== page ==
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Ukraine after the Euromaidan

Challenges and Hopes

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Edited By Viktor Stepanenko and Yaroslav Pylynskyi

Ukraine’s protest movement of 2013–14, known as the Euromaidan, and its culmination, the people’s uprising in late 2013–early 2014 became one of the most dramatic world events in recent years. The accession of Crimea to the Russian Federation and military conflict in the Donbas demonstrate that the dramatic dynamics of the country’s ongoing transformation are still far from predictable. This book examines the manifold aspects of Ukraine’s current crisis and its political upheaval. The contributors to the book, Ukrainian experts in a variety of disciplinary fields, explore social, political and cultural reasons and factors behind the country’s transformation in its national and regional dimensions, the impact of Ukraine’s revolution on European and global politics, and also the new challenges of tough reforms with which the country is faced. The contributors share the view that the Euromaidan brought new opportunities for Ukraine’s modern development and the greatest historical chance for the country’s European future since independence in 1991.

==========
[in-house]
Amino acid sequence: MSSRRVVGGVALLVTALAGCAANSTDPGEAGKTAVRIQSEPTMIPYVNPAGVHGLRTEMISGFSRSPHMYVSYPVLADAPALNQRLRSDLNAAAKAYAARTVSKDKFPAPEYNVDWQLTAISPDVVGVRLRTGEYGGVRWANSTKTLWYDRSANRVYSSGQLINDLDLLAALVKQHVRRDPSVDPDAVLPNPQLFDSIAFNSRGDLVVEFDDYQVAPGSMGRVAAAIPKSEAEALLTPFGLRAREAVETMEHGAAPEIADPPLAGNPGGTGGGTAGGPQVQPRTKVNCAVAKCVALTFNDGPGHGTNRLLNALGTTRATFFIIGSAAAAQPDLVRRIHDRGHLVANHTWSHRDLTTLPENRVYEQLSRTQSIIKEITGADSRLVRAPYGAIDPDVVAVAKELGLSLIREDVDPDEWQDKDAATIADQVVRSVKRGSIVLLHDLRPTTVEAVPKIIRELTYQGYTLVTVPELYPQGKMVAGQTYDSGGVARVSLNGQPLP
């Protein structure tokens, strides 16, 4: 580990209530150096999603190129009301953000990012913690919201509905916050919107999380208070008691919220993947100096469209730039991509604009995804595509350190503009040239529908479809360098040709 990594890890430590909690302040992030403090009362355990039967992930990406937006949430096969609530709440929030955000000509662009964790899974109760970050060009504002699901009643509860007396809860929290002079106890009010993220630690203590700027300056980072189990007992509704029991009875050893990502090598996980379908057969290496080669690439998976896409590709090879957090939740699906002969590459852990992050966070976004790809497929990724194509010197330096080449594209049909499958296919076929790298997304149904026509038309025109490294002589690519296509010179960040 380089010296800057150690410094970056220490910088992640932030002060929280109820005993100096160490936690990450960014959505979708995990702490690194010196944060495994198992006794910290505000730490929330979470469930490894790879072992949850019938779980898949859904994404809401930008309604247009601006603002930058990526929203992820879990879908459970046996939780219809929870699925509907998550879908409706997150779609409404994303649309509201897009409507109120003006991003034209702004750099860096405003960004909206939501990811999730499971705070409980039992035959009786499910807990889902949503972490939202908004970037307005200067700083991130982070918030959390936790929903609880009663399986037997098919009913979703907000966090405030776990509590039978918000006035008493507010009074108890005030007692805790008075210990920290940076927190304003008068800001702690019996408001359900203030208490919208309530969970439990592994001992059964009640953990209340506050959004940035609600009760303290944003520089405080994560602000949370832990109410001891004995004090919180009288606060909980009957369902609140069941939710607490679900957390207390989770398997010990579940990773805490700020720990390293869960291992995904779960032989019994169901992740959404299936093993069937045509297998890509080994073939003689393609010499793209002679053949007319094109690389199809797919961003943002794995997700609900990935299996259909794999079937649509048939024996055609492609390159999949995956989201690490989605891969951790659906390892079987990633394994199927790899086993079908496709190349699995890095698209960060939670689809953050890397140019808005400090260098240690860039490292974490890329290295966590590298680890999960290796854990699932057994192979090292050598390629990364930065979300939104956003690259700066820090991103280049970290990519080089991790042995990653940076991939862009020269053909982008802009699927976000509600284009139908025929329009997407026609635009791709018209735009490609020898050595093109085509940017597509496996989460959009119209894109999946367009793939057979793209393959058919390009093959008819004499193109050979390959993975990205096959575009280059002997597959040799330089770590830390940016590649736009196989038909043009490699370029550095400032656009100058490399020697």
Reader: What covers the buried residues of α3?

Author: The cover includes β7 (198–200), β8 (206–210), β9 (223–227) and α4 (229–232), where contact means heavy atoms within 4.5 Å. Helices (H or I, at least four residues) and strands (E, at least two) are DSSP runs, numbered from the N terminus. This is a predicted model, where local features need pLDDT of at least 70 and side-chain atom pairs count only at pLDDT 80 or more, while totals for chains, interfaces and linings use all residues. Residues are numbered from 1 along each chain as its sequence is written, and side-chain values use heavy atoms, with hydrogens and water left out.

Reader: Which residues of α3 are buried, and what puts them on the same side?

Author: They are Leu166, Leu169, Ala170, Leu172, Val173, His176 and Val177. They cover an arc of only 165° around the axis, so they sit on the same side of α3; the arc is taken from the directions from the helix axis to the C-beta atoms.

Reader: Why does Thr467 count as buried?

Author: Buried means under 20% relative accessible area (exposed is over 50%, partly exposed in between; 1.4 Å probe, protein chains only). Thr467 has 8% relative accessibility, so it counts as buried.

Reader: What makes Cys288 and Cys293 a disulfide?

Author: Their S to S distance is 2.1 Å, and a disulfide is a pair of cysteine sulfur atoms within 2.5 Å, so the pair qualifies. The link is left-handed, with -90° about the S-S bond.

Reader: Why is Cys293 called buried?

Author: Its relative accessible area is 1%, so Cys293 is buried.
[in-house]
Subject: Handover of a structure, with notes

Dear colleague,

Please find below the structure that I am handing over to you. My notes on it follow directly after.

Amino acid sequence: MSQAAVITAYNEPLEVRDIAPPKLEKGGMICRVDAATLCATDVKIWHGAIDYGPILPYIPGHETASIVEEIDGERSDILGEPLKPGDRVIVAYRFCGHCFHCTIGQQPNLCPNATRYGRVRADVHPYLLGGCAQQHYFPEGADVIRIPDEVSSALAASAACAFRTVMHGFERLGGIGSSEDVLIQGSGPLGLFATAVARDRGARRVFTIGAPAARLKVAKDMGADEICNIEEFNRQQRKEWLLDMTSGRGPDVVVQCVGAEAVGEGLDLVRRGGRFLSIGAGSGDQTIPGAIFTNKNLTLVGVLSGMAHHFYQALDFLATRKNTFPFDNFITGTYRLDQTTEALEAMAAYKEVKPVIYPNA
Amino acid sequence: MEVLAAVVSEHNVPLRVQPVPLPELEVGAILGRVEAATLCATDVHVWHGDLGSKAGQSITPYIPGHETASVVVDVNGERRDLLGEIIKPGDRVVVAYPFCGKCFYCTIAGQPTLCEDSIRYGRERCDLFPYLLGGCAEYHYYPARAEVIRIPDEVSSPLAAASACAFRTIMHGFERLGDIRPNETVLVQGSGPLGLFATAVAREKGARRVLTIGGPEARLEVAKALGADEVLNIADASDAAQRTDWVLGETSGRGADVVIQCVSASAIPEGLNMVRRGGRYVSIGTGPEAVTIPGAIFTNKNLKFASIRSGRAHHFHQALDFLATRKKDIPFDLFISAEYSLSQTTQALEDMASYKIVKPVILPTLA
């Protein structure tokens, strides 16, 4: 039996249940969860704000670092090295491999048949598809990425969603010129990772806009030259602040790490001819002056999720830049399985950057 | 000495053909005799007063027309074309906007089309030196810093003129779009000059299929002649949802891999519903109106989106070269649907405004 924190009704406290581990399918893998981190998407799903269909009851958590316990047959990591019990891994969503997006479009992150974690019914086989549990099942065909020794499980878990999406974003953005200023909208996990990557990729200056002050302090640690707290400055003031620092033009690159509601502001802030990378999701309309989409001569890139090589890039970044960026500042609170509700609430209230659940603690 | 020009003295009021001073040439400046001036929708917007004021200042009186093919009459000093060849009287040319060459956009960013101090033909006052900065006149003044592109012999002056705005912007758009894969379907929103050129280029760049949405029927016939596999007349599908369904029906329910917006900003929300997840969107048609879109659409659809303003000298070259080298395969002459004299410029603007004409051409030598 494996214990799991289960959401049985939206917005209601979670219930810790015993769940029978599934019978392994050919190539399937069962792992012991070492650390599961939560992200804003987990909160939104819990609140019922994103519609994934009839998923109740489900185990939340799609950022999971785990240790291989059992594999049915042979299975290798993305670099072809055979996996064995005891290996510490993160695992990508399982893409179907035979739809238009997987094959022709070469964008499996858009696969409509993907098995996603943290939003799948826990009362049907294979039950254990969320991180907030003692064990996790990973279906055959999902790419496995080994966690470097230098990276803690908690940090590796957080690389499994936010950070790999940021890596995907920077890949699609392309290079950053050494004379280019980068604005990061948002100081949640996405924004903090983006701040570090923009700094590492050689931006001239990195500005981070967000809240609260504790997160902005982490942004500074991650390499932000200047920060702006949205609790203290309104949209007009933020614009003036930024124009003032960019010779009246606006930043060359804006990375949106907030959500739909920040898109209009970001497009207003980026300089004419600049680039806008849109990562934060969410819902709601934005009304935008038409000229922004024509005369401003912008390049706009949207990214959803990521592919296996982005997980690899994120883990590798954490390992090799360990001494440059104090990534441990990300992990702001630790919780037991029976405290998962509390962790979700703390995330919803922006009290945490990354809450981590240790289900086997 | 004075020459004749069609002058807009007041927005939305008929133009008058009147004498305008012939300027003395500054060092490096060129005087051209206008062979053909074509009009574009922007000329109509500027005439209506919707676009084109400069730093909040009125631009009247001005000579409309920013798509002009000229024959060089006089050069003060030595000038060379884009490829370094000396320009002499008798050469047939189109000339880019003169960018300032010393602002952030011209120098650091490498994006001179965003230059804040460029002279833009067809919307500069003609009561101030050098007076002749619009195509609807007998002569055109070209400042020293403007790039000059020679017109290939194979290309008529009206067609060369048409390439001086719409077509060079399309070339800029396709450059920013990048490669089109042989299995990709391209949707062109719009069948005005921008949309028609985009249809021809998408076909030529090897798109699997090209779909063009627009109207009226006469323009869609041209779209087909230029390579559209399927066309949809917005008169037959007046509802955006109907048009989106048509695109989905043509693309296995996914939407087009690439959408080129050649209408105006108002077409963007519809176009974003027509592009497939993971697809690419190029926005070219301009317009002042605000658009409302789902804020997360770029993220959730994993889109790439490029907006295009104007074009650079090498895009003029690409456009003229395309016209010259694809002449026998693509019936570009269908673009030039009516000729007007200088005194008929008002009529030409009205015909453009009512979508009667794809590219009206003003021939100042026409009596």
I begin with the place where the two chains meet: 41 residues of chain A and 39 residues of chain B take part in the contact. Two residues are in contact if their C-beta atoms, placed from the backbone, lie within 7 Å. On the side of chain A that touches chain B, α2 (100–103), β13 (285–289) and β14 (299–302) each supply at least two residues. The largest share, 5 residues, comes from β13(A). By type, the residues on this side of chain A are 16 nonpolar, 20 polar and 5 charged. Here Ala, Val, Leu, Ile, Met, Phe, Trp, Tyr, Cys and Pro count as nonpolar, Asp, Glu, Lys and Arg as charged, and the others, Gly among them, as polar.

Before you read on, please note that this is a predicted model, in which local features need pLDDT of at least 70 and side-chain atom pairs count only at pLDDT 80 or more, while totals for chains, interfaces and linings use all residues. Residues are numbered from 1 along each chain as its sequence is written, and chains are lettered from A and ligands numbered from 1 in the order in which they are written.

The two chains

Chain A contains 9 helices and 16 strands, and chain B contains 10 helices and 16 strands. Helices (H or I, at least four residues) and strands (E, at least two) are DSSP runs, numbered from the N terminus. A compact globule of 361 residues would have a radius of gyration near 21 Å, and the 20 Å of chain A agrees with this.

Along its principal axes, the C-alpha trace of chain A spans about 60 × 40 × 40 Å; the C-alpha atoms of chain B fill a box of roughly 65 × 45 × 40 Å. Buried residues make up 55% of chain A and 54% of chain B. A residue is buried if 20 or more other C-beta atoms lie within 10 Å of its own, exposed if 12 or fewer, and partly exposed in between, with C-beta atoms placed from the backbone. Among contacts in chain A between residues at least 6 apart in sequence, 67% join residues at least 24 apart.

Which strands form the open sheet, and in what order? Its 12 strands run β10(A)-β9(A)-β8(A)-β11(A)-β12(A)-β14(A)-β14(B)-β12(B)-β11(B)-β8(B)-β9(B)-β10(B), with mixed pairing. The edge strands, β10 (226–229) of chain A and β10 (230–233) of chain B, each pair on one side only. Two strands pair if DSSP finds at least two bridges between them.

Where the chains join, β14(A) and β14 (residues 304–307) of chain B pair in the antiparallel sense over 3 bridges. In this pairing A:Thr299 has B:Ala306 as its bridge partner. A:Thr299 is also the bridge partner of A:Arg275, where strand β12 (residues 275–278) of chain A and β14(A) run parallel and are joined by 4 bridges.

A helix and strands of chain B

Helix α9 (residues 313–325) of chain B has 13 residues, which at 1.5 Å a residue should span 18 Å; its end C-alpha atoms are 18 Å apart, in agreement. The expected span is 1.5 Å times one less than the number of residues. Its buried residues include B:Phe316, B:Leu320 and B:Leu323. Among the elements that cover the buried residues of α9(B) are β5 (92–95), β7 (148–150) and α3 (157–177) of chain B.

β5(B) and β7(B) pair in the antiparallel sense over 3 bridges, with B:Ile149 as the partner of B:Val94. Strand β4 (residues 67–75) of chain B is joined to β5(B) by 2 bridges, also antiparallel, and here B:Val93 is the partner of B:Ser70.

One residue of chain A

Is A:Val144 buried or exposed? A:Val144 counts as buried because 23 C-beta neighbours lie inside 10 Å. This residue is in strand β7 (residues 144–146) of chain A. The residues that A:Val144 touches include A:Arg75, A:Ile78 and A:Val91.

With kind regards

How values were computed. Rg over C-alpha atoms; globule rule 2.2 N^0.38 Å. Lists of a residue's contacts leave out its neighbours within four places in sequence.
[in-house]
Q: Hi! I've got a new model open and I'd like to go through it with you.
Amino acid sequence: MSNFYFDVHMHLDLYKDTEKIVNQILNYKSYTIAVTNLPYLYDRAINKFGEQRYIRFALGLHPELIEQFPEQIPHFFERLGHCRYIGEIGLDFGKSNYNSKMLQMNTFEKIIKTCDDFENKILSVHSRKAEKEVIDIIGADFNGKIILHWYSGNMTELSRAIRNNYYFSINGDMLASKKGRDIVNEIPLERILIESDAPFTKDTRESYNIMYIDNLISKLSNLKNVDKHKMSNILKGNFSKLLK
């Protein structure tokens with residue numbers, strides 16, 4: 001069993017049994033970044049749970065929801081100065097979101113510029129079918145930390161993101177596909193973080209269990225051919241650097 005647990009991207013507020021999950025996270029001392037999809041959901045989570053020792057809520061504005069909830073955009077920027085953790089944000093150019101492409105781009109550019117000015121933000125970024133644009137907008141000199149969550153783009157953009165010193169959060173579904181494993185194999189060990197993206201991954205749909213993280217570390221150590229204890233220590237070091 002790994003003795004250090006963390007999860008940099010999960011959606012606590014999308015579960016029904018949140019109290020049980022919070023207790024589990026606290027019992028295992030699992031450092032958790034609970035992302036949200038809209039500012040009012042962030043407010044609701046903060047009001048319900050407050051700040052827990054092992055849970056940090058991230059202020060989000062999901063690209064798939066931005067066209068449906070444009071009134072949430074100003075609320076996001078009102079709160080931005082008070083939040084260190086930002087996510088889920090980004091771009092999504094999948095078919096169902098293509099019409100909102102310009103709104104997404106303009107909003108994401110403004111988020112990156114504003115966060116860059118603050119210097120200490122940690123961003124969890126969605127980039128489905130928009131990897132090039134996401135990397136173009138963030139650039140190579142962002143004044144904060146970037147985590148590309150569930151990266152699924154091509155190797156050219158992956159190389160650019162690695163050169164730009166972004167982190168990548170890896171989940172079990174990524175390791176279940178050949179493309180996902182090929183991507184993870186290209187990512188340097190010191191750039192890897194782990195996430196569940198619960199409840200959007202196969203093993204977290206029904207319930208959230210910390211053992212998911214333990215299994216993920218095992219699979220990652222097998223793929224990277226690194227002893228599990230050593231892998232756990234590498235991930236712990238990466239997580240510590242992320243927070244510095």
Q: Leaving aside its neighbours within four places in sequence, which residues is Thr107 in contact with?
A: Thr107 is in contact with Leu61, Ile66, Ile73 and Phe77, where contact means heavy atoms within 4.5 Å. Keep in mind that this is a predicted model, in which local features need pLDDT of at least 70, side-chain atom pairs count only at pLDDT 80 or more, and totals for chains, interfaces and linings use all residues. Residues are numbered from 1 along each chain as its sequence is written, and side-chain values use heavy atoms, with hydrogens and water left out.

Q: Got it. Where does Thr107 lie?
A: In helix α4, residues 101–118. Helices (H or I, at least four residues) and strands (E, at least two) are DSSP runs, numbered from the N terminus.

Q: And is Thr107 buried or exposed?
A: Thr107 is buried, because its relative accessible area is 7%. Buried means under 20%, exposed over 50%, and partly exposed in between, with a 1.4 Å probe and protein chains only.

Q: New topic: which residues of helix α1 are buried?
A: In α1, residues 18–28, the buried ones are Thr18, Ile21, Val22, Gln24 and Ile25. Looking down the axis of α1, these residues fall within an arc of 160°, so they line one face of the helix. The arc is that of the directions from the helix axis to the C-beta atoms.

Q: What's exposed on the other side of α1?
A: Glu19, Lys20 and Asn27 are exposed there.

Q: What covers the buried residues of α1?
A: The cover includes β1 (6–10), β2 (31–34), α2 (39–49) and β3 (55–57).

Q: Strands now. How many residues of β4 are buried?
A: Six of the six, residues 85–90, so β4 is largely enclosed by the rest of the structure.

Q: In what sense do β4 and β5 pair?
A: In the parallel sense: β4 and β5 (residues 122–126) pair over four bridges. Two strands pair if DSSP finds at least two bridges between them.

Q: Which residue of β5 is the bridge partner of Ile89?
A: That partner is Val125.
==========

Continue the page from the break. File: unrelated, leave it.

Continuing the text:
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The Ukrainian “Eurorevolution”: Dynamics and Meaning

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The events in Ukraine that followed the decision of the Yanukovych government not to sign the Association Agreement with the European Union at the November 2013 summit in Vilnius came as a surprise to both Ukrainian society and the international community. Meanwhile, the dynamic situation has shown that significant parts of the Ukrainian people desire a principally new (“European”) political and economic structure to their lives. In this article we will reconstruct a chronology of the most significant events from November 2013 to February 2014 and examine various aspects of a political and economic crisis that is without parallel in Ukraine’s post-Soviet history.

The Initial Spontaneous Protests

The first protest on the Kyiv Maidan, Ukraine’s independence square, took place in the night between 21 and 22 November. As early as Saturday 23 November, tens of thousands of people, the largest assembly since the “Orange Revolution” of 2004, gathered to demonstrate and shout slogans in support of European integration. The majority of the demonstrators were angered not so much by the “abandonment” of negotiations with the EU as by the way it was communicated: society was confronted with the decision without public mention of the question, and after representatives of the government had confirmed only the previous day that they would most certainly be signing the agreement at the EU summit in Vilnius. It was this cynical manner of going about things that brought about a wave of protests of such magnitude. ← 59 | 60 →

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